Bernese Mountain Dog Puppies For Sale

    • MARYLAND Bernese Mountain Dog
    • Conowingo, MD
  • Puppies Available Now!
    MARYLANDAdvertising with us for 8 yr(s)!

    Puppies For Sale!
    Gorgeous AKC Bernese Mountain Dog Pups available on September 21st! These family raised pups have LOTS of LOVE to give! Contact us today! 1 male and 2 females available..$950 Bernese Mountain Dog Puppies For Sale in Conowingo, MD US

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    Breeder Name: Kristen Beck
    (443) 903-0043

    Breeder Name: Kristen Beck

    • Berner Country Bernese Mountain Dog
    • Atkinson, NE
  • Berner CountryAdvertising with us for 11 yr(s)!

    Puppies For Sale!
    Imported bloodlines, AKC/PennHip parents, dew claws removed, wormed, first shots, one year health guarantee, air shippingVisit website at Bernese Mountain Dog Puppies For Sale in Atkinson, NE US

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    Breeder Name: Bonnie Lemmer
    (402) 925-2437

    Breeder Name: Bonnie Lemmer

  • Fair Play BernersAdvertising with us for 12 yr(s)!

    Puppies For Sale!
    Puppies Available!! We have 2 males available for adoption. Contact us to reserve your puppy, now! Puppies are AKC registered, family raised & well socialized with children! Bernese Mountain Dog Puppies For Sale in Fair Play, SC US

    Date Born: 03/16/2019
    Date Available: 05/19/2019
    Price Range: 1200.00
    Deposit: 200.00

    Whats Included
    health check from the vet, dewclaws removed. vaccinations and de-worming are up to date

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    Breeder Name: Virginia Stoltzfus
    (864) 888-7827

    Breeder Name: Virginia Stoltzfus

Docile and Affectionate, The Bernese Mountain Dog Loves Children

Bernese Mountain Dog Puppies For Sale

The Bernese Mountain Dog, or Berner Sennenhund, is a working dog that originates from the Alpines of Switzerland, in Bern. These very large dogs stand 23 to 28 inches at the shoulder and weigh between 65 and 120 pounds in adulthood. Perfect for farm life as draft animals, farm dogs, and watchdogs, they are lovely and affectionate when well-socialized and a sturdy pet who loves children. Very easy to train, these endearing dogs become your friend and companion for life. Although Bernese Mountain Dogs require early socialization and training, your faithful pal will be both calm and confident, the best of both worlds in terms of personality.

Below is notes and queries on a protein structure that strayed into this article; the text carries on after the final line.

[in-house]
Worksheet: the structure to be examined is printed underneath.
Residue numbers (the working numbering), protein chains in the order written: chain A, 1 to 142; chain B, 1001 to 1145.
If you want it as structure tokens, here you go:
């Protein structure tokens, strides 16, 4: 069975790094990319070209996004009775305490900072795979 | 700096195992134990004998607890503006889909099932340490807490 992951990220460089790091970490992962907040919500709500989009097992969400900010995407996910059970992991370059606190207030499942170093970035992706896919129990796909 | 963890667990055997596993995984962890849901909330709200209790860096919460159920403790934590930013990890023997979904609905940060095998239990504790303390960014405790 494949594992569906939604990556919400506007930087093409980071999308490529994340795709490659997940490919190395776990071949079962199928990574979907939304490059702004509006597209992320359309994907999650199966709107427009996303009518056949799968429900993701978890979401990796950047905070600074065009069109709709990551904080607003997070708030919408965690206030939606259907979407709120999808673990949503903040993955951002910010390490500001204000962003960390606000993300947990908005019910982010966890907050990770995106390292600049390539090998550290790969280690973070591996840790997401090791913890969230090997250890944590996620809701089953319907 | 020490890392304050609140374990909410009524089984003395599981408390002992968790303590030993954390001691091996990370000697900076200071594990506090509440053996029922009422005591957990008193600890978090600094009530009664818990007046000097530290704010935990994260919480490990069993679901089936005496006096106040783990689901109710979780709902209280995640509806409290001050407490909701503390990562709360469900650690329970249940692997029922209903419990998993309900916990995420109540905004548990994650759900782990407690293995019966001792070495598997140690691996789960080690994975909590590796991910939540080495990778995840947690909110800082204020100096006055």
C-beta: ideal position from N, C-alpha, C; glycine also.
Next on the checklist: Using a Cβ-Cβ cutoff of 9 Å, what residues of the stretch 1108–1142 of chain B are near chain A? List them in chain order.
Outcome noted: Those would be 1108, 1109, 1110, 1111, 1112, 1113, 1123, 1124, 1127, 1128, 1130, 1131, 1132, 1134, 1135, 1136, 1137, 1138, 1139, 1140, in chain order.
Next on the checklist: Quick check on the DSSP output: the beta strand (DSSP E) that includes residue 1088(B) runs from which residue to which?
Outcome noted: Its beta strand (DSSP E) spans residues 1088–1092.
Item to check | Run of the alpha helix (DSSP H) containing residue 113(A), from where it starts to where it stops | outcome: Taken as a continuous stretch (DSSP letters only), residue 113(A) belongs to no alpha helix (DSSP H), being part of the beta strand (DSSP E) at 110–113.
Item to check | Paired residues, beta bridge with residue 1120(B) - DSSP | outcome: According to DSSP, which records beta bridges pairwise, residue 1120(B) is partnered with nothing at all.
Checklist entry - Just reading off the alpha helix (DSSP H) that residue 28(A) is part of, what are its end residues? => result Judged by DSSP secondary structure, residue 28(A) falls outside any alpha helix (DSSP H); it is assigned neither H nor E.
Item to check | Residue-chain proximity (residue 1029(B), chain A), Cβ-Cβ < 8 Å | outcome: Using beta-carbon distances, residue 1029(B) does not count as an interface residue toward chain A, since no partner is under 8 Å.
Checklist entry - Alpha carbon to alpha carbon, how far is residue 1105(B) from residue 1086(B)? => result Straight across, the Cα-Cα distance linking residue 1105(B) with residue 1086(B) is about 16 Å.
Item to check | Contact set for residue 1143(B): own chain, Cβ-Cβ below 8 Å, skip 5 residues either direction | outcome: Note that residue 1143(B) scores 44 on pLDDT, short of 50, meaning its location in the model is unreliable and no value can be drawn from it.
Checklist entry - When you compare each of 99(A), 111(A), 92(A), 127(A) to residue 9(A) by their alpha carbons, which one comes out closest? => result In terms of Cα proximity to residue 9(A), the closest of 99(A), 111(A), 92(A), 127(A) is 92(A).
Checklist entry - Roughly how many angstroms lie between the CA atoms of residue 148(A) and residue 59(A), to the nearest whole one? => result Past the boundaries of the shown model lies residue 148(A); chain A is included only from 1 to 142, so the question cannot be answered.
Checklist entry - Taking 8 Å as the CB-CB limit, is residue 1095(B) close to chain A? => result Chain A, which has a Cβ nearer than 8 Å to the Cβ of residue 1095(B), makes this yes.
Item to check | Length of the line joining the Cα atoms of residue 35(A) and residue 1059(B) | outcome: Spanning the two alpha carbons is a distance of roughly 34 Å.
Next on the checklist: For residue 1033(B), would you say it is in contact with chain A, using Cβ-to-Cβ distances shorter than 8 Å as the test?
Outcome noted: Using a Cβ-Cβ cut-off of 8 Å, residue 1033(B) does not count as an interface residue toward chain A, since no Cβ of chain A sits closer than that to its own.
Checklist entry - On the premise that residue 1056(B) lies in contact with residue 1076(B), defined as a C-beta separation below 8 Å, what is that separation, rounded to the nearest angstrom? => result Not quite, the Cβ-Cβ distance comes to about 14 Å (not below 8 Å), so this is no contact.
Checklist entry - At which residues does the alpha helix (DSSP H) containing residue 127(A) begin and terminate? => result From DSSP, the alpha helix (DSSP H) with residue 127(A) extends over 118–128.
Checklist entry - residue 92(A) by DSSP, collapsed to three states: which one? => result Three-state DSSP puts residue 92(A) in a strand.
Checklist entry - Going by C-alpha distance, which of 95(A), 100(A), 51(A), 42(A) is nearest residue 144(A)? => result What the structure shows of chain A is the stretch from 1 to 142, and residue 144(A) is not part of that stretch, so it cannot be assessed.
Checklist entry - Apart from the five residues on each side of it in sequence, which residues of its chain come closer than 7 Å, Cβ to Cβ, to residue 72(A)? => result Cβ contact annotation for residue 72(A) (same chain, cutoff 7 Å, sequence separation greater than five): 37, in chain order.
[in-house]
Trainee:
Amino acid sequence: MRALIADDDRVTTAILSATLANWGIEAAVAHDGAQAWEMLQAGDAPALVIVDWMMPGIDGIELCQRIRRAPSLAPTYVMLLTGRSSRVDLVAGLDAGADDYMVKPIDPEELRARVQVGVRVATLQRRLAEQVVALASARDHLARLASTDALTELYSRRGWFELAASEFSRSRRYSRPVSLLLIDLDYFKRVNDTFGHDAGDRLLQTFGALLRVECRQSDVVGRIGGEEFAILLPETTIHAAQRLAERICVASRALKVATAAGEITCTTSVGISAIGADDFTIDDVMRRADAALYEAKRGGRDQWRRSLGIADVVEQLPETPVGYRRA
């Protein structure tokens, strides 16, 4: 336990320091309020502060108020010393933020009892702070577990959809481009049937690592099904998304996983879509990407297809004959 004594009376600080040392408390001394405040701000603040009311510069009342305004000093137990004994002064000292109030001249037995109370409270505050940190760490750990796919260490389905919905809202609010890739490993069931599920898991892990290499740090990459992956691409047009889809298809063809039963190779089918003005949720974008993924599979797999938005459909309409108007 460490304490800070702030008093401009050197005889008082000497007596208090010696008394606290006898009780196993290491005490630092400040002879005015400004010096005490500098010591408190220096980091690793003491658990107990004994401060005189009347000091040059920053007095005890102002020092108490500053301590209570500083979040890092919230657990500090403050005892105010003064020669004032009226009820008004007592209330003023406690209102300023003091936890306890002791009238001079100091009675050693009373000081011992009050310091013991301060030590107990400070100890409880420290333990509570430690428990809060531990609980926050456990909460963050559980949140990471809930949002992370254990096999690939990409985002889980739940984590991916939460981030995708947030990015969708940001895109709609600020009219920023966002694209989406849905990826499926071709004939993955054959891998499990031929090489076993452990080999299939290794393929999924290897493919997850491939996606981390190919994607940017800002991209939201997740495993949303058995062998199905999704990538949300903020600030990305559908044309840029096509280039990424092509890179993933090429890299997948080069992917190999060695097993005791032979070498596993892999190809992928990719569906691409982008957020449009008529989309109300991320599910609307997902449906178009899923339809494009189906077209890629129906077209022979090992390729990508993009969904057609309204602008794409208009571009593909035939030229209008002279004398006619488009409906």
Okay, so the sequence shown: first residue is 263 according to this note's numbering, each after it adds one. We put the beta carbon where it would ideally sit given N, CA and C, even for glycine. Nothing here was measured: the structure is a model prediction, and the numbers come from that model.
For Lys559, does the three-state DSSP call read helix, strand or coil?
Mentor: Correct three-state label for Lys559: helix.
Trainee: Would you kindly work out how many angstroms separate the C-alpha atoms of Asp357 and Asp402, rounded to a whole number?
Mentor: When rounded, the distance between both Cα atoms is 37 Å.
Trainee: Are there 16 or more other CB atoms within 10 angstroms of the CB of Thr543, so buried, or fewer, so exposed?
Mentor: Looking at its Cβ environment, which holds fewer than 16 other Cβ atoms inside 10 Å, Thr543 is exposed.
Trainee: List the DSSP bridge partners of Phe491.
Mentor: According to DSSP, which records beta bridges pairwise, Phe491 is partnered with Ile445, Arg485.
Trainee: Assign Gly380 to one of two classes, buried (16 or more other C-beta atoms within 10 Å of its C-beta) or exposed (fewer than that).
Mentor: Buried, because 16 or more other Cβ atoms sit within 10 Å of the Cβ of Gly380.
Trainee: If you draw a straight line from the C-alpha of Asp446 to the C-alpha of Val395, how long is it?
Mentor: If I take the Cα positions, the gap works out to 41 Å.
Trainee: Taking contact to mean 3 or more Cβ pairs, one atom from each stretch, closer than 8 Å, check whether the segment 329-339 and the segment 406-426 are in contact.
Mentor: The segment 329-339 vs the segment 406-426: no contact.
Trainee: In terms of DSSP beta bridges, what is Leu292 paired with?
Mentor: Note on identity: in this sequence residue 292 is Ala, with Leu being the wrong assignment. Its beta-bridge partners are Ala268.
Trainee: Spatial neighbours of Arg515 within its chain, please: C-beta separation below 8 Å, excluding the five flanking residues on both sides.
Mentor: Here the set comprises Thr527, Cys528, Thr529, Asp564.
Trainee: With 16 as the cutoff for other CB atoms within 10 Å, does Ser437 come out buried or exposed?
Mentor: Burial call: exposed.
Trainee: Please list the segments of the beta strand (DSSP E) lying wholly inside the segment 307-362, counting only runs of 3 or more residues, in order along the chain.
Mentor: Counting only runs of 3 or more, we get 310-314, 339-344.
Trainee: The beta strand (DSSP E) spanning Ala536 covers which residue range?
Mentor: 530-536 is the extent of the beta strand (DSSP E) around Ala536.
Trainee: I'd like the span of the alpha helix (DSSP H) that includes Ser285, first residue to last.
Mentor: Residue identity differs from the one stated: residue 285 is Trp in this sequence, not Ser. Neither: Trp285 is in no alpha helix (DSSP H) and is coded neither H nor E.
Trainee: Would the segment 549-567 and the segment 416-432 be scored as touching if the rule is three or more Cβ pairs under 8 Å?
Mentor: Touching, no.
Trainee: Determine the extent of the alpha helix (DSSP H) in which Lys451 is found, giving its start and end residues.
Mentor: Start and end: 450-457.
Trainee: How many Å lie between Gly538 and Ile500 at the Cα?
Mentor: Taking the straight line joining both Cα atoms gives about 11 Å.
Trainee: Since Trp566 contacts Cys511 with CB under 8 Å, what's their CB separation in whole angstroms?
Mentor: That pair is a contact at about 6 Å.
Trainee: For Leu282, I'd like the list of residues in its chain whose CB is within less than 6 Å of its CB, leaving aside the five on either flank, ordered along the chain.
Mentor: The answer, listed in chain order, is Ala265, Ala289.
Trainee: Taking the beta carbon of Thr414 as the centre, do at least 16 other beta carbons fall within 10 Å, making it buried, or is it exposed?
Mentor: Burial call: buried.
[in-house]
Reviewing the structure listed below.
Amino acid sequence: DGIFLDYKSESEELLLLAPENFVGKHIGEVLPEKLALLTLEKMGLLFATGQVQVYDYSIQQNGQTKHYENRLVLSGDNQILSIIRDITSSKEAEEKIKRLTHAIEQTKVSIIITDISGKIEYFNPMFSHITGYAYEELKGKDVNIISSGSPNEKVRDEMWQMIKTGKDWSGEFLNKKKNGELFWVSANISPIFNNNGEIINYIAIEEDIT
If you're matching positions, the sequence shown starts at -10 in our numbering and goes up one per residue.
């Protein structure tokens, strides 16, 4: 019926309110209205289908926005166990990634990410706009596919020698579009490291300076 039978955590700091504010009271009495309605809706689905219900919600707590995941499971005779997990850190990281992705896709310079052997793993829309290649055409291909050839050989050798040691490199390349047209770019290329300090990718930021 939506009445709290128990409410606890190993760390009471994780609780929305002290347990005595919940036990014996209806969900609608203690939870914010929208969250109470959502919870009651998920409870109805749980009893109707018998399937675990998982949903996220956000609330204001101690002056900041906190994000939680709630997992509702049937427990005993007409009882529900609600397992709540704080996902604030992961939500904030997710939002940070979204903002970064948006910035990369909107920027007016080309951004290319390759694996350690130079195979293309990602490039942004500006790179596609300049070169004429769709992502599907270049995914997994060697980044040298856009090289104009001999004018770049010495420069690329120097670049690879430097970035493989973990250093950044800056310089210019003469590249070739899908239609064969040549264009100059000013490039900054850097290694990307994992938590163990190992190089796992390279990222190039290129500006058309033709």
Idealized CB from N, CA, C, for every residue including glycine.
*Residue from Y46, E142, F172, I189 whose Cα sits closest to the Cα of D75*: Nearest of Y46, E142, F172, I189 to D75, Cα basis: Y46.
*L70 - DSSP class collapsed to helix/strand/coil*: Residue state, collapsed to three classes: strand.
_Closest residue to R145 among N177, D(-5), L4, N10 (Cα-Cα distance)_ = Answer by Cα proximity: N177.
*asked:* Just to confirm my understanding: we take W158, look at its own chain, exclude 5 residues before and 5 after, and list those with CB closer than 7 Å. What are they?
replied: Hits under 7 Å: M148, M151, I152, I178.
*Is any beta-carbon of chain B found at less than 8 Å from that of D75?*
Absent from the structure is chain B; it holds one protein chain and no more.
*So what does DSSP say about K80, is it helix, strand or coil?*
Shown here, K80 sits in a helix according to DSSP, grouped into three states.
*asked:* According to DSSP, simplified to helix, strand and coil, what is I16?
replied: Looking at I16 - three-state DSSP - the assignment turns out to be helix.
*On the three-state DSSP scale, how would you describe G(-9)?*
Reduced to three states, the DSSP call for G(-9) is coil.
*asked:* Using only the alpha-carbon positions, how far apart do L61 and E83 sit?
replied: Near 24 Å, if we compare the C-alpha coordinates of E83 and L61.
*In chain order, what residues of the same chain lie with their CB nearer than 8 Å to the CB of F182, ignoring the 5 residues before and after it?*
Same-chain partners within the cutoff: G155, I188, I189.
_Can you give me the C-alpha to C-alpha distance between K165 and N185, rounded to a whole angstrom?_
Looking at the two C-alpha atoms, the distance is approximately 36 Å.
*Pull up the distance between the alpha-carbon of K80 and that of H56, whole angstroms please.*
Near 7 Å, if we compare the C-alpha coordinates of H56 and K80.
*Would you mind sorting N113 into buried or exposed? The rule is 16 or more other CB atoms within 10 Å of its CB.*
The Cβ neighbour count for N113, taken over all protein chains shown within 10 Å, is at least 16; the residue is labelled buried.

The Bernese Mountain Dog is a tricolored variety of Swiss Mountain dog. It's one of four types of Swiss Mountain Dog which include the Greater Swiss Mountain Dog; the Entlebucher Sennenhund ; and the Appenzeller Sennenhund; in addition to the Bernese Mountain Dog.

Bred to be a draft animal or cart dog, the Bernese Mountain Dog is also a great watchdog and general farm dog. It is believed that its descendants originated hundreds of years ago from crosses between dogs that guarded sheep and other flocks in the Swiss Alps, and Mastiff-type dogs. Today, the Sennenhund breeds are largely used as companion dogs, and are popular with dog fanciers. One of the major purposes of the Bernese Mountain Dog in its original country was to pull carts of fresh cheese, milk and other produce for small farmers who could not afford draft horses to do the job.

The Bernese Mountain Dog stayed low-profile and in fact was almost forgotten until the late 19th century except in Bern, Switzerland. However, in 1892, a Zürich college professor and a Swiss innkeeper began to look for good remaining specimens of this now scarce breed, and began to resurrect it. In 1907, a specialty club was established in Switzerland, and shortly thereafter, the Bernese Mountain Dog became a show dog and companion as well as the working dog it always had been. In 1926, the breed was brought to the United States, and was recognized by the American Kennel Club in 1937. In 1968, the Bernese Mountain Dog Club of America was established, and became a member of the American Kennel Club's Working Group in 1995.

Appearance Sturdy and strong, the Bernese Mountain Dog is nonetheless compact, with a broad head, wide, deep chest, triangular ears that hang forward, and large, dark, expressive eyes. It carries its long, bushy tail low unless excited, and has a tricolored (black, white and rust), weather-resistant, thick, and wavy coat. Standing 23 to 28 inches at the shoulder in adulthood, and weighing between 65 and 120 pounds, the Bernese Mountain Dog is perfect for the physical labor it was originally bred for – although today, most Bernese Mountain Dogs are bred to be family pets and companions (but also make good guard dogs).